A new church and a new seminary : theological education is the solution / David McAllister-Wilson.Material type: TextPublisher: Nashville : Abingdon Press, Description: xv, 140 pages ; 22 cmContent type: text Media type: unmediated Carrier type: volumeISBN: 9781501858895; 1501858890Subject(s): United Methodist Church (U.S.) -- Education | Methodist theological seminaries | Theology -- Study and teaching -- United Methodist Church (U.S.) | Theological seminariesAdditional physical formats: Online version:: New church and a new seminary.DDC classification: 230.07/376 LOC classification: BX8219 | .M29 2018
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|Book||@LancSemLibrary Stacks||BX 8219 .M29 2018 (Browse shelf)||Available||30092101143155|
Includes bibliographical references.
Introduction: To fix my church -- It's just not working anymore -- Why it matters: Methodism as an experiment in grace -- Call the question -- Disruptive innovation: millennials, message, and missional churches -- Seminaries are the solution, part 1: a community of wisdom and courage -- Seminaries are the solution, part 2: a new seminary for the twenty-first century -- Assurance -- Appendix A: Wesley Theological Seminary: the new church and the new seminary -- Appendix B: The value of scholarship for theological education: a statement from AUMTS for the Council of Bishops.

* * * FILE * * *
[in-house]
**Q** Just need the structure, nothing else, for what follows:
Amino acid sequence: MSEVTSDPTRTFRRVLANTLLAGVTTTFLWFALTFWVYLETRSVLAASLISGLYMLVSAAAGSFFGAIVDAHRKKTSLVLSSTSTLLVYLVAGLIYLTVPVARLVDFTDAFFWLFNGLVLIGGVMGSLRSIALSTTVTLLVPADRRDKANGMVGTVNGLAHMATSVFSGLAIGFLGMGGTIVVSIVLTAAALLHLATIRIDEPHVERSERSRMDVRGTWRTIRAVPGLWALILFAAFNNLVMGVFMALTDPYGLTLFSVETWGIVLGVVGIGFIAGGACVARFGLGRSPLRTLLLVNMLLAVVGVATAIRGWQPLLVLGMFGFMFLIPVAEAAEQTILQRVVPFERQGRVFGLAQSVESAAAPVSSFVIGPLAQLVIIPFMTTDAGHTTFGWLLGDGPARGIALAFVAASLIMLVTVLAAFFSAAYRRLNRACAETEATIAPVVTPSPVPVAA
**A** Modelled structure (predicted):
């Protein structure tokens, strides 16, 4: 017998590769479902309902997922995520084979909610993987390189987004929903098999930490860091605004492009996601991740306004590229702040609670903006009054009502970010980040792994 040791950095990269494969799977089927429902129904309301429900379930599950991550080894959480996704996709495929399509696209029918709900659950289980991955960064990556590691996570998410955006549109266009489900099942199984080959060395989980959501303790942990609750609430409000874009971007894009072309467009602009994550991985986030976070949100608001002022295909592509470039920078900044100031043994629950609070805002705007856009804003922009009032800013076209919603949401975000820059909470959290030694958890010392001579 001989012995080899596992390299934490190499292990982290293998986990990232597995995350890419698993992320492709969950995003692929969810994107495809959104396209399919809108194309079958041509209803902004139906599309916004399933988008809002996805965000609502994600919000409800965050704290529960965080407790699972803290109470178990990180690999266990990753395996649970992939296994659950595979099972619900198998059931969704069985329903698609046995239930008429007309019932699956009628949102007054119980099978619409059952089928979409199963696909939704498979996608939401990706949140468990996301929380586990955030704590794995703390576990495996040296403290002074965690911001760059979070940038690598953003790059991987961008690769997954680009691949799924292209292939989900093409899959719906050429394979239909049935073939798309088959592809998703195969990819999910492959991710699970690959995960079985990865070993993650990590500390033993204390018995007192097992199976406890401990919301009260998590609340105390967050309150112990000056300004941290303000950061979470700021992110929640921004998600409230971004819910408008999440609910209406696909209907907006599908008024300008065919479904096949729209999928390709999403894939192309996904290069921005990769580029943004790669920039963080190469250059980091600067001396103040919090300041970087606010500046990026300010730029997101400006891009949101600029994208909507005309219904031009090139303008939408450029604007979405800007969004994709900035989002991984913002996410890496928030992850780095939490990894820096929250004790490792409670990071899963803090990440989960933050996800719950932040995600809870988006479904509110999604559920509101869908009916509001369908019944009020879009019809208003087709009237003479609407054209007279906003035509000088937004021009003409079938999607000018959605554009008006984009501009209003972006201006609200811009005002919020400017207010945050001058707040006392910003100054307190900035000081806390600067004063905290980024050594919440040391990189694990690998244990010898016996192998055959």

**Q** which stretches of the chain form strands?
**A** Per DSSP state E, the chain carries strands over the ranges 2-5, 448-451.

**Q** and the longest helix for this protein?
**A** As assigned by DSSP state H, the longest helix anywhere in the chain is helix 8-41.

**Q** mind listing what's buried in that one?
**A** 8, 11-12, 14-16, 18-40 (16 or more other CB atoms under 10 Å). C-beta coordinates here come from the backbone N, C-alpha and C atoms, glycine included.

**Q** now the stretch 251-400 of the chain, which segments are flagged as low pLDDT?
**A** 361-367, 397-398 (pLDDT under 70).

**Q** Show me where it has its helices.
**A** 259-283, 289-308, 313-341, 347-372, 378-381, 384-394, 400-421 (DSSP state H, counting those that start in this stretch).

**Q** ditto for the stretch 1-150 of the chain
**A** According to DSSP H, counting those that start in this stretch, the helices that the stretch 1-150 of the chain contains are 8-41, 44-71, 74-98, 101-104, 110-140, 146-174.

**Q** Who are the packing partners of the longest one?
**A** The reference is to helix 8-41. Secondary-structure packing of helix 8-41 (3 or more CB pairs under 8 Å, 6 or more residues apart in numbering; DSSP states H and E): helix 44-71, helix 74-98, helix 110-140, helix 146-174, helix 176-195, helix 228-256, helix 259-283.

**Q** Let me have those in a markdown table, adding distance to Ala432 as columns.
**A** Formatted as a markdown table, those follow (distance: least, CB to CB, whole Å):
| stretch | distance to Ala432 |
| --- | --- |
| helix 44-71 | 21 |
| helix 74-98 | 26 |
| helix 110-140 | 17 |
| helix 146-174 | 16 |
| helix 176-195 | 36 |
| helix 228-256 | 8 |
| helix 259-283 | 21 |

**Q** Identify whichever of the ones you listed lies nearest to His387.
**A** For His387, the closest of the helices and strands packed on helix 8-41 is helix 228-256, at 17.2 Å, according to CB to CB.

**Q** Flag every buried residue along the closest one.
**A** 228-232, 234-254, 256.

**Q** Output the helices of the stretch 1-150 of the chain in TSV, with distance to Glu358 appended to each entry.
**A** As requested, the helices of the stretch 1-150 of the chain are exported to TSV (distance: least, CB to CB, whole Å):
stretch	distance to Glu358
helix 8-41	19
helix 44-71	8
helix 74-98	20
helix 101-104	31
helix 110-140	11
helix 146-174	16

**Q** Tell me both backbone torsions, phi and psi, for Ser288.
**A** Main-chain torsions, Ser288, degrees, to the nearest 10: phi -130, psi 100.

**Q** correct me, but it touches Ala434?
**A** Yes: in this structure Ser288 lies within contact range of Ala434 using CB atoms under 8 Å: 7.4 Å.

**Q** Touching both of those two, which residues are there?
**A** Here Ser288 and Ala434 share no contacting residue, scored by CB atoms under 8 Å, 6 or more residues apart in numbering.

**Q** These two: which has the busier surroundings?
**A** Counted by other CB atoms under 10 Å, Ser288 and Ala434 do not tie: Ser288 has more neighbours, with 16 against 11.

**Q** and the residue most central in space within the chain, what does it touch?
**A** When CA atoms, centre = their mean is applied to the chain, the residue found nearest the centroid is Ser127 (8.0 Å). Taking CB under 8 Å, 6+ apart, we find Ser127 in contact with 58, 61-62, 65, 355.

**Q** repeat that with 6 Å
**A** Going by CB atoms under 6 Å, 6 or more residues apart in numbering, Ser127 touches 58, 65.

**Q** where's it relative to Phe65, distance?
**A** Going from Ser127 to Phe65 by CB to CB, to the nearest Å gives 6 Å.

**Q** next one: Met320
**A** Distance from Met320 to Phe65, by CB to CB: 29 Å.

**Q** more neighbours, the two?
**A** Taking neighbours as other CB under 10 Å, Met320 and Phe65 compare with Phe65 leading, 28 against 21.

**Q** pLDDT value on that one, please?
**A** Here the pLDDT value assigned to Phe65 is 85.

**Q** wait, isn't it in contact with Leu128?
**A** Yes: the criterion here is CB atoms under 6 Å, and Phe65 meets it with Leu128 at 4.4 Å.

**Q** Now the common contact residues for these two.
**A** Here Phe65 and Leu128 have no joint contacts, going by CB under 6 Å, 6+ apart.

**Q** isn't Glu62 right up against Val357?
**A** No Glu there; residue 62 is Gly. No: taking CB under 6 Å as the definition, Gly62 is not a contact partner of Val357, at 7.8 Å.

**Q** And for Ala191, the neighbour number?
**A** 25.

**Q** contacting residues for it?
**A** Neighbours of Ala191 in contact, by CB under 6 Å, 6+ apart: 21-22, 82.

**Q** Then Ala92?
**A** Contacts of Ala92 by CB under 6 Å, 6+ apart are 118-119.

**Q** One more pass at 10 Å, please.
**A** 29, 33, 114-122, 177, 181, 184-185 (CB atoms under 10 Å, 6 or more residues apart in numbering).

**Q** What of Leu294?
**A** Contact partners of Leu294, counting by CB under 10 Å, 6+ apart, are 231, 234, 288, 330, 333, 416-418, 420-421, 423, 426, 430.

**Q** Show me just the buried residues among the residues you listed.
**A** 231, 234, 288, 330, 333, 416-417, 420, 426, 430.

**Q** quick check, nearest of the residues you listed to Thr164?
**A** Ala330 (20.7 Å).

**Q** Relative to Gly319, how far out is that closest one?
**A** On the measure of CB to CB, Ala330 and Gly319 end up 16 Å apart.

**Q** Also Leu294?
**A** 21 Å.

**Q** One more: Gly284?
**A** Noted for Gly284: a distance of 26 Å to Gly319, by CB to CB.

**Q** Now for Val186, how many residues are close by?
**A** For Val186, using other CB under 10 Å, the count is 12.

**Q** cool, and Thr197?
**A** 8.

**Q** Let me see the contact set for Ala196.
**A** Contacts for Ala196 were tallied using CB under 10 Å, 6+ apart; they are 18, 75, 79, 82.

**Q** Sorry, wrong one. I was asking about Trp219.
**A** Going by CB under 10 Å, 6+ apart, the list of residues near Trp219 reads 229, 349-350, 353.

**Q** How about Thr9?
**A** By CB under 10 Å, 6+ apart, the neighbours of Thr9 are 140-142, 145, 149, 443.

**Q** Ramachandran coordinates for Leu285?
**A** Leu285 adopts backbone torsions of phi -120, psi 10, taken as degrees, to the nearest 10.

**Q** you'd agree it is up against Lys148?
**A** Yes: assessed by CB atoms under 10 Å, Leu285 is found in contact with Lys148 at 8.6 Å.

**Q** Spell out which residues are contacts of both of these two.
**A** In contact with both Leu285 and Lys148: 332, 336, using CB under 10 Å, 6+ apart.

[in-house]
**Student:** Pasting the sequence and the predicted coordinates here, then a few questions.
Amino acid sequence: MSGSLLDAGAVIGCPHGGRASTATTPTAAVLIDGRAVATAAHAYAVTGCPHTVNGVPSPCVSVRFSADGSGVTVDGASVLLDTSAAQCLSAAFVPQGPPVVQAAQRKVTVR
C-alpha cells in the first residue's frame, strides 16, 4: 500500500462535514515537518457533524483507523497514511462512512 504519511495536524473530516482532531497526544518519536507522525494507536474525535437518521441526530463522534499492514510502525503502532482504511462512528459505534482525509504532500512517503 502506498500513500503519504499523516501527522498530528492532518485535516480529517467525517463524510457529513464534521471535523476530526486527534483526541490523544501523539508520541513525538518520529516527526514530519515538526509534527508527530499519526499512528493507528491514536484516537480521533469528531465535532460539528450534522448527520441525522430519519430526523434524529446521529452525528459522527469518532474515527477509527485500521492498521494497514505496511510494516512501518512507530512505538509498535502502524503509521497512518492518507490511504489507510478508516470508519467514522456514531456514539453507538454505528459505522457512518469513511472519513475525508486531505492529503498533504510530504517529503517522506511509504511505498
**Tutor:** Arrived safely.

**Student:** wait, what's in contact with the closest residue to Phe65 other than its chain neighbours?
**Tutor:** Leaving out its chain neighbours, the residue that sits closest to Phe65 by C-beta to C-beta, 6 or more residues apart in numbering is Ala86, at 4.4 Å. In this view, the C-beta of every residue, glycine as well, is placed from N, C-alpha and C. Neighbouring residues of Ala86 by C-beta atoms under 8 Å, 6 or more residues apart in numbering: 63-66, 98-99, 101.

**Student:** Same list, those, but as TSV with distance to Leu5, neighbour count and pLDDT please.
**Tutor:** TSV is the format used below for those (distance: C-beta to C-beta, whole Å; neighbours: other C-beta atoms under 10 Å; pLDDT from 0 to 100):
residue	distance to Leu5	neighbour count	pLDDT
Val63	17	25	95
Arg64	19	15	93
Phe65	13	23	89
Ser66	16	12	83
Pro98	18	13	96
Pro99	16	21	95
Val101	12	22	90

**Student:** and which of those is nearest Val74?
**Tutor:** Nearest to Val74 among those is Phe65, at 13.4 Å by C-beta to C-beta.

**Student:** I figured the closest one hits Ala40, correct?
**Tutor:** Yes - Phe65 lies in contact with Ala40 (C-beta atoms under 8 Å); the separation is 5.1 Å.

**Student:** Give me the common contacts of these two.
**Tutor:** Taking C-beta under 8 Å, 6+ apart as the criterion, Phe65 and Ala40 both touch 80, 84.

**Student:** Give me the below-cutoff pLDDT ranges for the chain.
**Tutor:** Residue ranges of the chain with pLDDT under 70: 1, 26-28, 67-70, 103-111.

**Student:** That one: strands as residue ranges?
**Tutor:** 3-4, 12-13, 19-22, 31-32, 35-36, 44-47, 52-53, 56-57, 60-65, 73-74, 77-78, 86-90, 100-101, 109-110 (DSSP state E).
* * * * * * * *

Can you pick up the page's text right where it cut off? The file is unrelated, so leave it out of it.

Many churches are "mule churches"-strong for a generation but unable to reproduce themselves. As a mule comes from a horse and a donkey, they were the product of demographics and cultural conditions conducive for a generation of strength but did not produce many offspring in new church starts or strong candidates for ministry. Mule churches create a generation or more of pastors, superintendents, and bishops who think they knew what made for strong church, who think their approach to ministry is the key reason for their success. And it produces churches with a nostalgia for the way things used to be. This makes it hard for churches to adapt to change. We've been declining for a long time due to changes in secular and consumer culture, demographics radically adjusting normative family structure, and a theology based in consumer marketing rather than mission-driven vitality. Now we realize that the church is free to not just make the gospel relevant to life but to make life relevant to the gospel. Conservative evangelical Christianity was able to focus on relevance prior to its ascendency on the national stage. Methodism requires a similar period of confessional self-definition. We are going through these confessions now in the debate about our stance toward homosexuality. Most students and most professors go to the seminary "to fix the church," because they realize that the future of the church and its seminaries are inseparable. Seminaries provide scholars for the church, who learn how to think, who learn how to take the long view, who shape identity, who foster a "culture of calling." A new kind of Methodist progressive evangelicalism is regenerating, which lives the great commandment (love) and the great commission (reproducing disciples) on a global scale. Before, seminaries prepared pastors to maintain healthy churches in stable neighborhoods. Now, every neighborhood is changing and many churches are losing their members and their confidence. They long for a recovery of their sense of mission and a new kind of leadership. A new kind of seminary is regenerating to foster hope, wisdom, creativity, and engagement with the great issues of our day.